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Hoffmann, R. A wiki for the life sciences where authorship matters. Nature Genetics (2008)
 
 
 

Changes in carboxypeptidase A, dipeptidase and Na+/K+ ATPase activities in the intestine of rats orally exposed to different doses of cadmium.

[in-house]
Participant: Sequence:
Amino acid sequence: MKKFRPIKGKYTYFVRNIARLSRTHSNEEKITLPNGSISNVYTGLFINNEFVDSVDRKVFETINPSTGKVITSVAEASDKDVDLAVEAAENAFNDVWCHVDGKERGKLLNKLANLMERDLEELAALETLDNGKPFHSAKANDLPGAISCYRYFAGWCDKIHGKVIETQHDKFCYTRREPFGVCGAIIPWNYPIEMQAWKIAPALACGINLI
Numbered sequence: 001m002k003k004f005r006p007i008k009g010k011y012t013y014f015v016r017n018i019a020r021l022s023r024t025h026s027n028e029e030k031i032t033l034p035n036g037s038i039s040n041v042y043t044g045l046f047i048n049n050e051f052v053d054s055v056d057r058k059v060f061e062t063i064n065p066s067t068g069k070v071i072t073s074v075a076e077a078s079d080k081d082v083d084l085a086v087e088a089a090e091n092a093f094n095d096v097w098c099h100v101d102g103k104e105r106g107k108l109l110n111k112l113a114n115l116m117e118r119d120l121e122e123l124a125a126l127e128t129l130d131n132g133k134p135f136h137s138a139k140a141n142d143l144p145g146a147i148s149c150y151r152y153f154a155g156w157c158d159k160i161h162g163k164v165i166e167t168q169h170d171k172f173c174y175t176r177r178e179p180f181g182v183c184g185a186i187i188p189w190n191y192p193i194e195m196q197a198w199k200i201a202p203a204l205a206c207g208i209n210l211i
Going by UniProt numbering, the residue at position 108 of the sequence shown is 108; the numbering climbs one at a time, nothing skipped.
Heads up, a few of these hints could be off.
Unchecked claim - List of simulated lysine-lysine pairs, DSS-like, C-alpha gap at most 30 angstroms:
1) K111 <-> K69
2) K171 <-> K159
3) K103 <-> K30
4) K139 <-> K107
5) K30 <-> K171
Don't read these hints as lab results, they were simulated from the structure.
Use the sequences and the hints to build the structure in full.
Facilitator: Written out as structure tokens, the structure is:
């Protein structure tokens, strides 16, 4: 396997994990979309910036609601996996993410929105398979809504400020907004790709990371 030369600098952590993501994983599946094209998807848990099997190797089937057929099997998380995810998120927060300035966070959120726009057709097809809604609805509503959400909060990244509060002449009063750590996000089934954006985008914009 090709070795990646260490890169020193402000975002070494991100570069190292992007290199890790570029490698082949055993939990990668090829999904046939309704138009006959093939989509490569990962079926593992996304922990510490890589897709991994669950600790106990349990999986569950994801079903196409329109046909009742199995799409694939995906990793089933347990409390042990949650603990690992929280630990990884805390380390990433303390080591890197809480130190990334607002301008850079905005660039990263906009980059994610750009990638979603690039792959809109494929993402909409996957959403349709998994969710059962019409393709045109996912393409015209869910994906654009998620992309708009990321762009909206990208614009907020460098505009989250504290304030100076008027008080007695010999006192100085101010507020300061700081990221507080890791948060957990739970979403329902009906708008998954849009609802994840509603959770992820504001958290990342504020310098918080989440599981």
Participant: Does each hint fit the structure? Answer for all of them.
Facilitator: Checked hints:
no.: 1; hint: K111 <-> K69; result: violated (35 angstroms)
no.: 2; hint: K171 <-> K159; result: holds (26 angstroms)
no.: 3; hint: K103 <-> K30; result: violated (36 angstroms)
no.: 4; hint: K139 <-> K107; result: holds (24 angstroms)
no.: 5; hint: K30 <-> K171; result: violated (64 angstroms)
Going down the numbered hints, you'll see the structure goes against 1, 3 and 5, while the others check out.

The purpose of the present study was to evaluate the effect of cadmium on some protein digestive and absorption enzymes in rats. Thirty-six rats were grouped into three groups of 12 animals each; one group received deionised water and acted as control. One group received 445 microM Cd and the last group received 890 microM Cd in their drinking water for a period of one month. The results obtained indicate that increasing the level of cadmium from 445 microM to 890 microM in the drinking water of the rats led to 29% and 23% increase in accumulated cadmium in the proximal and distal small intestine respectively. The body weight gain of rats exposed to 445 microM and 890 microM Cd was decreased by about 24% and 43% respectively when compared with the control. The activities of carboxypeptidase A, dipeptidase and Na+/K+ ATPase were reduced in the mucosa of the proximal end of the small intestine of cadmium exposed rats. The reduction was dose dependent; with the 890 microM Cd exposed rats displaying the least activities. In the distal small intestine, the activities of these enzymes were restored in the 445 microM Cd exposed rats to levels that were not statistically different (P > 0.05) from those observed in the controls. In the 890 microM Cd exposed rats, dipeptidase activity improved by about 80% compared with the activity of the enzyme in the proximal small intestine. Likewise, Na+/K+ ATPase activity increased by about 125% compared with the observed level in the proximal small intestine. The study suggests that cadmium given to rats in drinking water compromise protein digestion and absorption of nutrients particularly in the proximal region of small intestine and could account for weight reduction associated with cadmium toxicity.[1]

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